Poetry and spring go together like fresh flowers and rich soil. April is National Poetry Month and as the school year tends to wind down in the spring, it is an excellent time to dive into poetry. I have enjoyed teaching poetry to elementary students all the way to high school seniors during my career. I have found 9 ways to help students love poetry!
Reading and writing poems can be an enjoyable and creative experience as well as an outlet for social and emotional learning. Poetry doesn’t have to be scary to teach, nor does it have to be overwhelming or boring for students. Poetry is beautiful to read, and because there are so many different types of poetry out there, students can let their creativity abound as they explore this form of literature.
1. Read, read, and read all the poems!
One of the best ways to get students excited about poetry is to begin by reading some popular poems that’ll make them see how fun poetry can be! Some of the poems I have read over the years that students have loved the most are written by Shel Silverstein or Jack Prelutsky. I always start with a light-hearted poet that can elicit some great laughs. Here are some poems I have found students, both elementary to middle school, have loved the most!
- Sick by Shel Silverstein
- Messy Room by Shel Silverstein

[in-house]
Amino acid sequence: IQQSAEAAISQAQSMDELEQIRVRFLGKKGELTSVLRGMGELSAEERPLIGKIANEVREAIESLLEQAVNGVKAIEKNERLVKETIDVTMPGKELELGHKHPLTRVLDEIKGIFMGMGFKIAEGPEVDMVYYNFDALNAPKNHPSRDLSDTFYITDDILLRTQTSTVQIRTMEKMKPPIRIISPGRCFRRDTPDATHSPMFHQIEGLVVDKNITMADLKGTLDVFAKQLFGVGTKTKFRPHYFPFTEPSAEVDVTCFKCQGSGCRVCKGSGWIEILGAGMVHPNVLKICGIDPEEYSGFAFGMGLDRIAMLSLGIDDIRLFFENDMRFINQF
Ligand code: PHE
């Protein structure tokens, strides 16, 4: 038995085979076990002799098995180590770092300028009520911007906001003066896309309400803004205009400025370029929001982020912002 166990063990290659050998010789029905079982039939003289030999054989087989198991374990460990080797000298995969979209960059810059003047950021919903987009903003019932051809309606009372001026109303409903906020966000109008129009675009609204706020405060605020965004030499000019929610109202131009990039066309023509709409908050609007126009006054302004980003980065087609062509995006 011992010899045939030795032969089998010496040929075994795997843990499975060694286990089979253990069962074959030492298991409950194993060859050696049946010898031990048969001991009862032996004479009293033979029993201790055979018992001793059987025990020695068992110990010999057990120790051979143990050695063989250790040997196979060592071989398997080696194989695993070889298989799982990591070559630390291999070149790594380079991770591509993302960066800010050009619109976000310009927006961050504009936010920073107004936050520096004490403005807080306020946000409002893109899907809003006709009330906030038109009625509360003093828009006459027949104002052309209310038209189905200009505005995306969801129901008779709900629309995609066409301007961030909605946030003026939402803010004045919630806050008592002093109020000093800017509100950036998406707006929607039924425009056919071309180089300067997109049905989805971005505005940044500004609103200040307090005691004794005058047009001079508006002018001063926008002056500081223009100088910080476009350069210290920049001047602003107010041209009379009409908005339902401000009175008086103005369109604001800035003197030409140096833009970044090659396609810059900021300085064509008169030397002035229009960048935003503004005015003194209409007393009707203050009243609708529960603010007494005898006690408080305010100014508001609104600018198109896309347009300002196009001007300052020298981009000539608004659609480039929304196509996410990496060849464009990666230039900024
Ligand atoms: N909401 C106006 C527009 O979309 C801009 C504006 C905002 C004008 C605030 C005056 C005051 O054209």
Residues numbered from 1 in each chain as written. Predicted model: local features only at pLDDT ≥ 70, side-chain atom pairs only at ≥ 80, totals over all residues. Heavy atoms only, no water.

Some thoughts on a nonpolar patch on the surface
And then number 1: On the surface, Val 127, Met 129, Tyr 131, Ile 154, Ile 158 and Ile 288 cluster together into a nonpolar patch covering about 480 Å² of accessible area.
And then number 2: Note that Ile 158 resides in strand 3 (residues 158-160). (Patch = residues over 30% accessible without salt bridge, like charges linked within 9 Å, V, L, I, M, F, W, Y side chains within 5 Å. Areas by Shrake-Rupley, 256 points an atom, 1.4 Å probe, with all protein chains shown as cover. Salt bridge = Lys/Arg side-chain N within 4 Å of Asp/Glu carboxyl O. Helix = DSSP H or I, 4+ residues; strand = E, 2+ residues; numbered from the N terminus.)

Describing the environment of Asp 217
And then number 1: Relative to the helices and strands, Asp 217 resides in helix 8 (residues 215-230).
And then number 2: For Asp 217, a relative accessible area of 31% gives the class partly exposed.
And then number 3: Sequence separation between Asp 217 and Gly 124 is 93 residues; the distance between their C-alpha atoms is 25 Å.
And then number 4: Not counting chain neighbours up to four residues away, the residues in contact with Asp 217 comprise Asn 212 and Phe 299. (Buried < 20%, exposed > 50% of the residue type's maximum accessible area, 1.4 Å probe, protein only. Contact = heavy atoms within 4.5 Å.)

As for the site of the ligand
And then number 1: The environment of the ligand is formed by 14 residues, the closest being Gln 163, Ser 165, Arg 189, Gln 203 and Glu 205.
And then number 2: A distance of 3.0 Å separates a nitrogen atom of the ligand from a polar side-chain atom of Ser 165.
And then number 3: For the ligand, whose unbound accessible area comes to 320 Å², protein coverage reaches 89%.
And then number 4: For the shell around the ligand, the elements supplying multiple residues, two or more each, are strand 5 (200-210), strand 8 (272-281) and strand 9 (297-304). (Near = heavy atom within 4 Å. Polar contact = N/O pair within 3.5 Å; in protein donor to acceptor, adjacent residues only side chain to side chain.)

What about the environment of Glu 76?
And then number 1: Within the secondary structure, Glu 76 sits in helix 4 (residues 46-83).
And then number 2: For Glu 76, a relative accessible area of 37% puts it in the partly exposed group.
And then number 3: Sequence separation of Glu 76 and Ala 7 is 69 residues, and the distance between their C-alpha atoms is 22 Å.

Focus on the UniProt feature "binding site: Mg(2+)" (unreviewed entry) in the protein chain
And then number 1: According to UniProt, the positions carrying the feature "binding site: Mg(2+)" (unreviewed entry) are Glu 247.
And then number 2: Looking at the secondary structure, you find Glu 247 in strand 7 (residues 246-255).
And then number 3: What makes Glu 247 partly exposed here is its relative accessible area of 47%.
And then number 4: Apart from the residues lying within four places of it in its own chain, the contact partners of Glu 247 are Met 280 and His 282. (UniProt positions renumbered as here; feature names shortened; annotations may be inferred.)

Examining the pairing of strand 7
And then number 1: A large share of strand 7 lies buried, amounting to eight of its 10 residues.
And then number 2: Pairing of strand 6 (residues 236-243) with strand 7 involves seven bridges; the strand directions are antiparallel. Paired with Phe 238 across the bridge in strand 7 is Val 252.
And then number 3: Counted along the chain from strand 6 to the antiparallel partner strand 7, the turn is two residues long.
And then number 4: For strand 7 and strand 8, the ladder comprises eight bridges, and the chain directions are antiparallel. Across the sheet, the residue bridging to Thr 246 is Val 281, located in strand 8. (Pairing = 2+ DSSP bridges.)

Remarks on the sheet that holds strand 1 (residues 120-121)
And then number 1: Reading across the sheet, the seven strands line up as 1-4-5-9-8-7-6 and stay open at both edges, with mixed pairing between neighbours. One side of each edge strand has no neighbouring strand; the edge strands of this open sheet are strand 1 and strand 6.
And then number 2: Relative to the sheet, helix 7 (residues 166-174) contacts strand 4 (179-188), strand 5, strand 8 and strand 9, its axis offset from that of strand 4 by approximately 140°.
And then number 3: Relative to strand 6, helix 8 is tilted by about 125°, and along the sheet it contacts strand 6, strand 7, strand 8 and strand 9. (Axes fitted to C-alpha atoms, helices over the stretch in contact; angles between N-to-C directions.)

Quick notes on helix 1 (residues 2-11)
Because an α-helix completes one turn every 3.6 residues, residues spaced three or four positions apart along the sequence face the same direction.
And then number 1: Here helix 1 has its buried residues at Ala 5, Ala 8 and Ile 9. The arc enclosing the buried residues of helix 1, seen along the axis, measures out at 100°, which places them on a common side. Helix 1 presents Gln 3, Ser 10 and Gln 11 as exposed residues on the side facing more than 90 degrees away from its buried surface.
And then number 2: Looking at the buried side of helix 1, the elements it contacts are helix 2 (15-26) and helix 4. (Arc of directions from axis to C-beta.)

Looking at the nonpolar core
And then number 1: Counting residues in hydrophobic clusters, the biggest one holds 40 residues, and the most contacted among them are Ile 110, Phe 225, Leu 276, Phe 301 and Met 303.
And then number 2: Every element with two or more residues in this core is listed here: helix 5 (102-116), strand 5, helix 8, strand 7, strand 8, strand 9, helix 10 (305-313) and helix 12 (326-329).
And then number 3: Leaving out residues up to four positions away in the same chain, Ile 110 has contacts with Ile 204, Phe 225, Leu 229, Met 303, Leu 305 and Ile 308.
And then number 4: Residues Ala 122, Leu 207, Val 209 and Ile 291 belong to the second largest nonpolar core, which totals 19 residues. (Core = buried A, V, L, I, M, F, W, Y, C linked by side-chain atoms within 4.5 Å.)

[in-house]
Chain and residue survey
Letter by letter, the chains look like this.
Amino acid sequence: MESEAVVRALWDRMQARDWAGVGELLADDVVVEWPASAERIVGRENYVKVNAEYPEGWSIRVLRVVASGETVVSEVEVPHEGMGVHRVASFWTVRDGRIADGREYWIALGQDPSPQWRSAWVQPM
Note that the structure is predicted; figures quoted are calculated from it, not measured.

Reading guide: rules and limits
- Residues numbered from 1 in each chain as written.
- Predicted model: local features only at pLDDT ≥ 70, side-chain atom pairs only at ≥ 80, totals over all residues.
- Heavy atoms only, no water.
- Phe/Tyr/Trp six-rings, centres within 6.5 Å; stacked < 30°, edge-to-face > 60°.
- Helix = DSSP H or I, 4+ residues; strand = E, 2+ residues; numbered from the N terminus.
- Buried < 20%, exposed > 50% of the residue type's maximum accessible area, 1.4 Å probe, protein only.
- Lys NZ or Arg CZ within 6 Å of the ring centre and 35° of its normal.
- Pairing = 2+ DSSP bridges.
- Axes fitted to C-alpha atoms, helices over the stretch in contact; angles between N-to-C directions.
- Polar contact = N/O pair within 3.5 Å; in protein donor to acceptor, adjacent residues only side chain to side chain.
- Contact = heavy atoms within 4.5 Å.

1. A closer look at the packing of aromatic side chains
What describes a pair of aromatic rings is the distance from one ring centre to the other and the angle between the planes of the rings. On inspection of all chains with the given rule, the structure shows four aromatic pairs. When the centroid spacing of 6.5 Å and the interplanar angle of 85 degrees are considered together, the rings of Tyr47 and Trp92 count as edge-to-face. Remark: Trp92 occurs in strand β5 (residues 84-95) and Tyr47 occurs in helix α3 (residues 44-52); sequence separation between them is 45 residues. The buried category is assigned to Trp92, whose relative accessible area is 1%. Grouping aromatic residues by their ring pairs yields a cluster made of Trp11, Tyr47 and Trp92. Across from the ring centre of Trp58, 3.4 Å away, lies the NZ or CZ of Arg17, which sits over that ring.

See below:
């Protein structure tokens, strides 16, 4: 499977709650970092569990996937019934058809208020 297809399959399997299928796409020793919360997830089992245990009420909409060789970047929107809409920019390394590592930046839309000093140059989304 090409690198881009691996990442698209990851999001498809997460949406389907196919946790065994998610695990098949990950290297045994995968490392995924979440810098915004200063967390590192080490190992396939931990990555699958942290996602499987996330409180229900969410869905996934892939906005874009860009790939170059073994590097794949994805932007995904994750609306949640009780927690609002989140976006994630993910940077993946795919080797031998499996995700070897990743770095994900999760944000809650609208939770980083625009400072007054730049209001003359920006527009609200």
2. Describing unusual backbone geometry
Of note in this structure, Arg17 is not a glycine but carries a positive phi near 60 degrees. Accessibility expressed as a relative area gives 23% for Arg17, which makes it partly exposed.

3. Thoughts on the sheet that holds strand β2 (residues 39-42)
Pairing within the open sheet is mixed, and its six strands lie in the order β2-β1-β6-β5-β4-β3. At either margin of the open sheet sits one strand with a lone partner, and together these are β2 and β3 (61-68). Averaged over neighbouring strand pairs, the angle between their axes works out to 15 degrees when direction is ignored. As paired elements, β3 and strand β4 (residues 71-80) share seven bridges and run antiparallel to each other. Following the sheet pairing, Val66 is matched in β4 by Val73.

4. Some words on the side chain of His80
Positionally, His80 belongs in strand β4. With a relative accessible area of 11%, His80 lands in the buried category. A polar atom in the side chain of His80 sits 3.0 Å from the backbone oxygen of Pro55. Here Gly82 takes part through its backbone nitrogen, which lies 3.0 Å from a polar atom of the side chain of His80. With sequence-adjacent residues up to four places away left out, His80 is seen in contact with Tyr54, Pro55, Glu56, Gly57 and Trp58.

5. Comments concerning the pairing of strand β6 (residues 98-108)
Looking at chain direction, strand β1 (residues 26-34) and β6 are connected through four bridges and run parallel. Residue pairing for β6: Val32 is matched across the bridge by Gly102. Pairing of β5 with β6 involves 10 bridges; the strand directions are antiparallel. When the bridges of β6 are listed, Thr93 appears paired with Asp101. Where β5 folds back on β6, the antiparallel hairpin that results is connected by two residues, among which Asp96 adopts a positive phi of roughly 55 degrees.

- Homework by Jack Prelutsky
- Last Night I Dreamed of Chickens by Jack Prelutsky
- Super Samson Simpson by Jack Prelutsky
Once students see how light-hearted and fun poetry can be, then you can slowly introduce more serious poems. The best way to introduce students to poetry is just by reading it aloud to them!
2. Write Poetry Freely!
Before teaching the requirements and technical aspects of poetry such as rhyme scheme, meter, and rhythm, I like to just give students the chance to write their own poems freely. Their poems can rhyme or not rhyme. They can be short or lengthy. They can tell a story, or they do not have to make any sense.
By giving them creative license to write how they view and perceive poetry, students are more receptive once some guidelines are put in place for more required poetry writing later on. Students can also see how fun writing can be when I excitedly praise their poem about an elephant eating cotton candy or the family who lived in the sand castle.
By giving creative license, I’ve seen students write the funniest poems and also the most serious and emotional ones. Free writing poetry without any rules can be an amazing social and emotional outlet for students, especially those who have a harder time expressing themselves verbally.
Give no boundaries to poetry writing at first. Can you imagine putting Dr. Seuss in a box with his writing? We wouldn’t have his creative books today.
3. Use the Great Outdoors!
Give students a poem journal or a poetry packet and take them outside into the beautiful spring weather. Have them write poems about what they see, smell, and hear when they’re outside in spring. By being outside in nature, inspiration strikes readily. If a student struggles with this, then give them one word to focus their spring poem on such as wind, tulips, grass, etc.
Nature is stress relieving and calming. I remember vividly the times our teacher took us outside for a lesson. It’s always a good idea to get out into nature and breathe in some fresh air, especially to glean inspiration to write a poem.